Directed by Guy Ritchie.
Starring Mena Massoud, Naomi Scott, Will Smith, Marwan Kenzari, Navid Negahban, Nasim Pedrad, Billy Magnussen, Alan Tudyk, and Frank Welker.
A kindhearted street urchin and a power-hungry Grand Vizier vie for a magic lamp that has the power to make their deepest wishes come true.
As Aladdin disastrously tries to court Princess Jasmine, he turns to Genie and asks how he is doing. His response is “clumsy but charming”, and there is no more succinct description of this latest live-action Disney remake of Aladdin than those three words. It’s a story most of us have fallen in love with at some point in our lives, and one that younger generations will probably take a liking to whether it’s the beloved animated 1990s classic or this bloated and extravagant live-action version, simply because the core of the story remains true to itself. Even as a jaded and cynical viewer that sees no difference between Jafar and the industry conquering corporation itself (and someone that had a good laugh at the expense of the remake’s early trailers with unfinished CGI), it’s hard to bemoan a lesson in being yourself that features such beautiful songs and enriching looks at Arabic culture. It’s not necessarily nostalgia driving these live-action Disney remakes to be successful, but more so the simplicity of retelling a proven story. Dumbo tried to do its own thing by being a sequel for the most part, which could be why it underperformed.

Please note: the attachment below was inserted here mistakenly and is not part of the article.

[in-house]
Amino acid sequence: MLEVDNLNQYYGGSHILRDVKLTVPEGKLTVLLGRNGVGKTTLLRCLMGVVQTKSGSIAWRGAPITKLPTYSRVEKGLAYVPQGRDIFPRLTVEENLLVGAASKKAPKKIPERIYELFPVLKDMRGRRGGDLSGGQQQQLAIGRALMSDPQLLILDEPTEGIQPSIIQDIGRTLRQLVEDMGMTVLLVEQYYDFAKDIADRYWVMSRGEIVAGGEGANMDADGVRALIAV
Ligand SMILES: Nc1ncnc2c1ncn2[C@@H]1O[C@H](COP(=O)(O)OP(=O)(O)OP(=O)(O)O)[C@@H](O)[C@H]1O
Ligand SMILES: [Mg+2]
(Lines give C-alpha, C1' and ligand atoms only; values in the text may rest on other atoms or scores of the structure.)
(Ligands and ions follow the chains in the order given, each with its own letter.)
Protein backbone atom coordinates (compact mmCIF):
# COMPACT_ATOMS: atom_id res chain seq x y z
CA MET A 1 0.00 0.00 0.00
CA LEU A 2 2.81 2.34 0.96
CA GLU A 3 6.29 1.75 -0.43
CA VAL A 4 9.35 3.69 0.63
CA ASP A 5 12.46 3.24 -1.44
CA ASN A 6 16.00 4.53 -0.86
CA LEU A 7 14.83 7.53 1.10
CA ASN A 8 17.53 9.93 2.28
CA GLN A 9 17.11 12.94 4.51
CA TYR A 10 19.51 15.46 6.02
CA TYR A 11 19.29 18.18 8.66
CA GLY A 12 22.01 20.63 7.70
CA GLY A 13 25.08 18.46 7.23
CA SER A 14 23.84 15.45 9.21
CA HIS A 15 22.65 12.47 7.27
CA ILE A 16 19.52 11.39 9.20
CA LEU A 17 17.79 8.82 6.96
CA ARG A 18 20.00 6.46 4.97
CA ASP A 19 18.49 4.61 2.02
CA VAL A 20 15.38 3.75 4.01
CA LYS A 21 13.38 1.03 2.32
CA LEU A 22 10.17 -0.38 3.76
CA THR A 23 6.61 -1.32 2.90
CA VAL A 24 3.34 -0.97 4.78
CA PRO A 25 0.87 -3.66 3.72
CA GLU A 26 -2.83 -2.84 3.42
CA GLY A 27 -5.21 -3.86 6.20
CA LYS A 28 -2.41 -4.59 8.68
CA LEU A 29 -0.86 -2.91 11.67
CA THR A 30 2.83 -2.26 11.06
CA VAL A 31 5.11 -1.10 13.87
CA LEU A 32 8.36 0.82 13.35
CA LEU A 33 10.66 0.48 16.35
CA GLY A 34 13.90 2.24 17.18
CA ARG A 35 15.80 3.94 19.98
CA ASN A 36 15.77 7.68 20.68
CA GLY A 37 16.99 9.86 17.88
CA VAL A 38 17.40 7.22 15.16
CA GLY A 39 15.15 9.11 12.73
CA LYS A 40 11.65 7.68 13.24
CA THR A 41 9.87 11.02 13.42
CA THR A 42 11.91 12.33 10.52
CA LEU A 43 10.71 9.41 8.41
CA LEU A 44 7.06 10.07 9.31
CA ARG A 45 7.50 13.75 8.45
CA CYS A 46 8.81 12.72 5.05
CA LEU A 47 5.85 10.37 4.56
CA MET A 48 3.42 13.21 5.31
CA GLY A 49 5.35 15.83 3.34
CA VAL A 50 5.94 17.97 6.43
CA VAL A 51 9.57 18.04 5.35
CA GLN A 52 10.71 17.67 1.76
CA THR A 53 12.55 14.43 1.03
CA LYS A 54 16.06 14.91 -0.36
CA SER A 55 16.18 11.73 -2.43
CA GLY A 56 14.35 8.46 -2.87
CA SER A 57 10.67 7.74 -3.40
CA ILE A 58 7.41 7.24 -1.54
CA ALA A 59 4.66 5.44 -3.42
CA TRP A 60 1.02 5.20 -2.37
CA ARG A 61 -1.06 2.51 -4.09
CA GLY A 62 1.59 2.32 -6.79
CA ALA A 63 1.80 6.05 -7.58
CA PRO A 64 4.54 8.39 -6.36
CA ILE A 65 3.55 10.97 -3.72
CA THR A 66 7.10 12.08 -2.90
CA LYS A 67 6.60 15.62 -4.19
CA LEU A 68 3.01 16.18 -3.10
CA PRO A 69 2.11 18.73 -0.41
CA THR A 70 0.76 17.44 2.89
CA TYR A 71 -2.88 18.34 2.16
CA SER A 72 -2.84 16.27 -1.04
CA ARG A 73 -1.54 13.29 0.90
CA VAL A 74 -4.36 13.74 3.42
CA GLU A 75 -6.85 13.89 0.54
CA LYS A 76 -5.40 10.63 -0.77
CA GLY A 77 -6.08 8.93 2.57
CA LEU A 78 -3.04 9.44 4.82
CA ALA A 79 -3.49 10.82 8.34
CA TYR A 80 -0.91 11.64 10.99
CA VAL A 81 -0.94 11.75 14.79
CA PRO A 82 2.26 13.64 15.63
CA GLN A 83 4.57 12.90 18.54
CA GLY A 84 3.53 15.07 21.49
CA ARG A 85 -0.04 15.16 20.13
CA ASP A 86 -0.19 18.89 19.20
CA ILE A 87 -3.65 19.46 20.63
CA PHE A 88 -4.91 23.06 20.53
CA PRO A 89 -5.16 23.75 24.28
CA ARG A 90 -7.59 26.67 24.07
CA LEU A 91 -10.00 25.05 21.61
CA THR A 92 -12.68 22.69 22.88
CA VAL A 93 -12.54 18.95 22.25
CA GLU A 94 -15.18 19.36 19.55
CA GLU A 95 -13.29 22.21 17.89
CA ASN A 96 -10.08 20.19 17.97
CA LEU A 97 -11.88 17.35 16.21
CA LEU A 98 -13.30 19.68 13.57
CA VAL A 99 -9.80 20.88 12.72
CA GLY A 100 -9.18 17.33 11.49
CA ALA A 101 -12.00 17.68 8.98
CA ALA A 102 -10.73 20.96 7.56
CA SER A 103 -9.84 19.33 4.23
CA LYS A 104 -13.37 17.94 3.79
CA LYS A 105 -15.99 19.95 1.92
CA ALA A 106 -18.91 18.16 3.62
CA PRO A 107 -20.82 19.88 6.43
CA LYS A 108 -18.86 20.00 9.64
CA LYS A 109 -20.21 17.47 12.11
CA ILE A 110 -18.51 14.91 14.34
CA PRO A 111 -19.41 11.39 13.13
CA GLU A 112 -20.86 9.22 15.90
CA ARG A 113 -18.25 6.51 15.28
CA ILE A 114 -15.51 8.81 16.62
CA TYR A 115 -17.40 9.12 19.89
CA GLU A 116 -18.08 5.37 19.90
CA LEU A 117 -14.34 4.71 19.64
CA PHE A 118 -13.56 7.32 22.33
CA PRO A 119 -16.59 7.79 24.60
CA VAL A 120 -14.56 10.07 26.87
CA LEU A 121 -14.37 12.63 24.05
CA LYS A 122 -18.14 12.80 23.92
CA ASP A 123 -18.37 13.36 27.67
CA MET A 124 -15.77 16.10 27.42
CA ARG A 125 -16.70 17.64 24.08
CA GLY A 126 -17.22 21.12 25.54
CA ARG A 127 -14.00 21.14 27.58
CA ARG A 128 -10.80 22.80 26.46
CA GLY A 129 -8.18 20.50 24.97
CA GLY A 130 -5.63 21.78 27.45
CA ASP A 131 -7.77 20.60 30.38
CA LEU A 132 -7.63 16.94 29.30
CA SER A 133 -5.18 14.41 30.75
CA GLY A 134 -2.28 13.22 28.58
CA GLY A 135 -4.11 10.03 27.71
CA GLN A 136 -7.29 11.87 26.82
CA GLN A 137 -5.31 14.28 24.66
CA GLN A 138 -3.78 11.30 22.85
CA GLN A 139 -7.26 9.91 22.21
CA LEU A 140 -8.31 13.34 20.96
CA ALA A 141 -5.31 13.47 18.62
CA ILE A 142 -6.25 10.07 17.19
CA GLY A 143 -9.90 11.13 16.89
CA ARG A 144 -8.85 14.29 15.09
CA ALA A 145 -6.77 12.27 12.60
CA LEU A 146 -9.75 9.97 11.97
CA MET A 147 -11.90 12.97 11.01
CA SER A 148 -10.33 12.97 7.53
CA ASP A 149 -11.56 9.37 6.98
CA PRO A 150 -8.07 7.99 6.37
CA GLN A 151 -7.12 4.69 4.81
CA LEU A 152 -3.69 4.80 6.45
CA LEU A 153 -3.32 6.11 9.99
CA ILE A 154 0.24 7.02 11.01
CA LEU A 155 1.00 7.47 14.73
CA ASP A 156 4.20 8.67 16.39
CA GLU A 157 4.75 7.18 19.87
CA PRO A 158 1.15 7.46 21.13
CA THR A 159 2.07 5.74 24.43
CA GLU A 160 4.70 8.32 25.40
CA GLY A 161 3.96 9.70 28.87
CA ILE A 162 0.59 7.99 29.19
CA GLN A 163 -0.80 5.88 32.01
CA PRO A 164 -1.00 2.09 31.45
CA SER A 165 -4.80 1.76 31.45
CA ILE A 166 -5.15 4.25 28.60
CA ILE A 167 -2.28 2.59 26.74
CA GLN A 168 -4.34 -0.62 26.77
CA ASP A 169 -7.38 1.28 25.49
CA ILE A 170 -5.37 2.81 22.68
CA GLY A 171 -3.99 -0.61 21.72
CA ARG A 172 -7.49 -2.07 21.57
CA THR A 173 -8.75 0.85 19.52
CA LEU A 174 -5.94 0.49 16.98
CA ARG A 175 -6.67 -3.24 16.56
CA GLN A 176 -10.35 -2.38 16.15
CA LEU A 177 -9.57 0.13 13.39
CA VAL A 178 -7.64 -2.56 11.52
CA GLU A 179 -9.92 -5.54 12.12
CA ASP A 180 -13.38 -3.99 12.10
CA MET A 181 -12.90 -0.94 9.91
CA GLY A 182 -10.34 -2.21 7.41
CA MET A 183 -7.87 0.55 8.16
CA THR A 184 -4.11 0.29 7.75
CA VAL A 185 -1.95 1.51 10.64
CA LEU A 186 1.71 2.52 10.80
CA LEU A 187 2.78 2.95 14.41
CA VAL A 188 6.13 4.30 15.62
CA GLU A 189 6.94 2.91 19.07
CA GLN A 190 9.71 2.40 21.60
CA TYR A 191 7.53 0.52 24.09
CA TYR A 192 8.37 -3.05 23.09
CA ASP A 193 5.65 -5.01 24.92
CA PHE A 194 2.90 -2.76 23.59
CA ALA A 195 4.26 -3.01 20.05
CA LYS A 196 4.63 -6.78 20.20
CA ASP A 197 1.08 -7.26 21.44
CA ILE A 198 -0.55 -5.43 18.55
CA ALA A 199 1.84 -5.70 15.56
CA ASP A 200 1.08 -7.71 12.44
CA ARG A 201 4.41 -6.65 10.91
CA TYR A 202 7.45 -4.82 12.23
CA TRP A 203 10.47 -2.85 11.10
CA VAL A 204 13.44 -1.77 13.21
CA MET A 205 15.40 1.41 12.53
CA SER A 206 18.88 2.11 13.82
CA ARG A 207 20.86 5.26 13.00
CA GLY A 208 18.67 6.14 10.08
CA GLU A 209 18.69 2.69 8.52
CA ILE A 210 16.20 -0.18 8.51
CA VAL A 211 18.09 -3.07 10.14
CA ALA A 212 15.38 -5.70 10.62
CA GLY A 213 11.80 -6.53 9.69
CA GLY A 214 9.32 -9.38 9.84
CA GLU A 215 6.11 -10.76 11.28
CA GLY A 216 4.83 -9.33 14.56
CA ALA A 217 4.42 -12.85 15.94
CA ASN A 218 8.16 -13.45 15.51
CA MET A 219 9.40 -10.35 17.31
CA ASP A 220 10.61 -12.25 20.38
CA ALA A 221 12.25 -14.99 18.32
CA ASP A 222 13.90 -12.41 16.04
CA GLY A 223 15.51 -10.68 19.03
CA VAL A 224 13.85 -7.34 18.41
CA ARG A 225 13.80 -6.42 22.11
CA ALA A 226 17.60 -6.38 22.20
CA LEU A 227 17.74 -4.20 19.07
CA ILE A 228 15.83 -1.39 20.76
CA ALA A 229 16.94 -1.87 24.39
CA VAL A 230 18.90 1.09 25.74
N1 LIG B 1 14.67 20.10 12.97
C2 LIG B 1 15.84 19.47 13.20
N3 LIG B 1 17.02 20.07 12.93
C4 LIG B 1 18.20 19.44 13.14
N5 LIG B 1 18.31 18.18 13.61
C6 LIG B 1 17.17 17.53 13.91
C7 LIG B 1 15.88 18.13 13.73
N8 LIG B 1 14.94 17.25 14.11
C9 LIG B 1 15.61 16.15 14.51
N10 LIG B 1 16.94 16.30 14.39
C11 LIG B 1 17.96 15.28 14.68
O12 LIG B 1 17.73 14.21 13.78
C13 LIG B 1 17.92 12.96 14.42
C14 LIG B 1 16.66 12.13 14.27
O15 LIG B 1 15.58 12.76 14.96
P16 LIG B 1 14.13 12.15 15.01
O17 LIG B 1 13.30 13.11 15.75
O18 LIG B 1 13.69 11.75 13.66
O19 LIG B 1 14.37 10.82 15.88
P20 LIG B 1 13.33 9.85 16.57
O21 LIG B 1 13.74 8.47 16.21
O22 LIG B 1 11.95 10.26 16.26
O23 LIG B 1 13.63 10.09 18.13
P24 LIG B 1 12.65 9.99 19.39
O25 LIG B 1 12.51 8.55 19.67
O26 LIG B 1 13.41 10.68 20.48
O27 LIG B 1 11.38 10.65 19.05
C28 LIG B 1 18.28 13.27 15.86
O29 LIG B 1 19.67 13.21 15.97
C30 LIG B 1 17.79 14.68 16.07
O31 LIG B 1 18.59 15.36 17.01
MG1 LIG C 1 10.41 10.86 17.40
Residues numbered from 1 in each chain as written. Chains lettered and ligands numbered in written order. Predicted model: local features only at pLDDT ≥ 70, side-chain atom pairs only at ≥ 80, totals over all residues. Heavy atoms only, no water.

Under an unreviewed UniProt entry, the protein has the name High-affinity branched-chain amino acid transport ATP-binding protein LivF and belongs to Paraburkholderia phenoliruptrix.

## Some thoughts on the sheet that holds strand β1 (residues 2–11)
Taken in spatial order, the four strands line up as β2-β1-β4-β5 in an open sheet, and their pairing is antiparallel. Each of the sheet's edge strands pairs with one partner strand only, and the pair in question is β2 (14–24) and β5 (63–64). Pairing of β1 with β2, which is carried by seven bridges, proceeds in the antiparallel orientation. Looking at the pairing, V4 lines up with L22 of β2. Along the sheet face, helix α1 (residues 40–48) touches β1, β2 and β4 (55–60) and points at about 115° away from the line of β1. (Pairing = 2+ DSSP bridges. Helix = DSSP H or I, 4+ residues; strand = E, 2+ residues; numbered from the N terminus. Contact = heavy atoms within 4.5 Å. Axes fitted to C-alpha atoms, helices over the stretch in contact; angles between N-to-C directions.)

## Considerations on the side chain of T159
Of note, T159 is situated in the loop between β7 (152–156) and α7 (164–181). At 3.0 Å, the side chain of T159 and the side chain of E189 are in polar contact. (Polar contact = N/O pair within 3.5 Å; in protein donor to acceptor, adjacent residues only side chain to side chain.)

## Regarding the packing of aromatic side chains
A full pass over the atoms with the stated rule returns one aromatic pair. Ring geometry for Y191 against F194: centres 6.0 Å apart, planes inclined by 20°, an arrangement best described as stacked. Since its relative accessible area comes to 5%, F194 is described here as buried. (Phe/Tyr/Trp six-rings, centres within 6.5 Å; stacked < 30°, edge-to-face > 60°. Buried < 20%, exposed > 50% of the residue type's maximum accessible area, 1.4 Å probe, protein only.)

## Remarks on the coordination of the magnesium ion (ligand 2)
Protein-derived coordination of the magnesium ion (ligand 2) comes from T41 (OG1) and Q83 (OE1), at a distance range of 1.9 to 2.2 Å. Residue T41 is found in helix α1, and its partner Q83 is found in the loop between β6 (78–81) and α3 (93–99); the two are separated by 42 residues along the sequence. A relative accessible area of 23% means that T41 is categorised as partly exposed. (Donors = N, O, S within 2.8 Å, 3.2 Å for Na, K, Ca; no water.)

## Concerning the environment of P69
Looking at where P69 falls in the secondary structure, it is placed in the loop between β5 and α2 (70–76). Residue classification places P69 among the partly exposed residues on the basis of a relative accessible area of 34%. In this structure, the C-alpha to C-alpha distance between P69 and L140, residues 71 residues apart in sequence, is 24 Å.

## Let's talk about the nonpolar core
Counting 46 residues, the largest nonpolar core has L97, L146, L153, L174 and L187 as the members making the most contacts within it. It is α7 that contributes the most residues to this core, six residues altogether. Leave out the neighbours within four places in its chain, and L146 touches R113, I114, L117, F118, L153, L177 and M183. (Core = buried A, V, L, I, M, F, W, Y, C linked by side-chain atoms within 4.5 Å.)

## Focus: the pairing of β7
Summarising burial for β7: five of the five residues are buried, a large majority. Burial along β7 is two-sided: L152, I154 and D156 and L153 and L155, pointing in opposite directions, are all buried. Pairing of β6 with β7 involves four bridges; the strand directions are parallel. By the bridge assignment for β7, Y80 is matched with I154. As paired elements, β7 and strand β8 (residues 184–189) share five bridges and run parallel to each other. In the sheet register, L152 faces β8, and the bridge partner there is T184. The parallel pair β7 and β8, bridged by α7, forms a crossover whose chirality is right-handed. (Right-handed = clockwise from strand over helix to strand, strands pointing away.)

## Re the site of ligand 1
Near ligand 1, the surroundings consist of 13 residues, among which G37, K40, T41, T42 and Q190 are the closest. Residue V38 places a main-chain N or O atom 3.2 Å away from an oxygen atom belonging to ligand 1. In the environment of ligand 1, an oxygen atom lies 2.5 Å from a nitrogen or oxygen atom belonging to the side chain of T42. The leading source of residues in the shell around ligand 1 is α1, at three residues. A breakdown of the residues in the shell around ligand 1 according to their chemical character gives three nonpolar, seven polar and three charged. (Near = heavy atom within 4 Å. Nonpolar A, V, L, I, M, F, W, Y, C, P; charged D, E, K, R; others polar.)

Although, there is the fact that the more iconic of a film being remade, the harder it is to get right the aspects that launched it permanently into the pop-culture zeitgeist. Will Smith has impossible shoes to fill trying to capture the irreverent energy and zaniness of Robin Williams, and obviously, he falls short, but in all fairness when he is allowed to essentially be a Will Smith Genie instead of leaning into mimicry, it works. For a while, there is uncertainty about the whole performance (it doesn’t help that Disney’s idea is to throw as many visuals as they possibly can on the screen and pat themselves on the back like it’s creatively intelligent), doubly so considering there isn’t much chemistry between Will Smith and Mena Massoud’s Aladdin (his acting is definitely spotty and lacks the required emotion to deeply draw viewers in) but there comes a point where it feels like director Guy Ritchie used one of his three wishes on magically creating a bond for his actors.
When Aladdin is falsely presenting himself as an Arabian Prince, subsequently crashing and burning his attempts at flirting, the resulting back and forth banter between him and Genie generates laughs. Will Smith is allowed to crack jokes that put Aladdin down, riff on the entire deceitful endeavor, and also loosen up the unnecessarily serious mood. It just takes nearly an hour to get there, which is both frustrating and somewhat admirable. There is undeniable effort to flesh out Princess Jasmine (Naomi Scott) as a character; not only is she given her own song to perform (at two different intervals in the film), there is an empowering journey of her trying to prove her worth as becoming the next sultan of Agrabah and assert her voice surrounded by men as one vital to listen to. At the opposite end of the spectrum, Jafar is now a Trumpian figure that wants to invade all other lands. That’s all fine (even if a few of the same exact plot beats don’t quite work in live-action and kind of make Jasmine appear dumb more than anything) but the filmmakers also can’t help but turning as many scenarios as they can into something superfluously bombastic.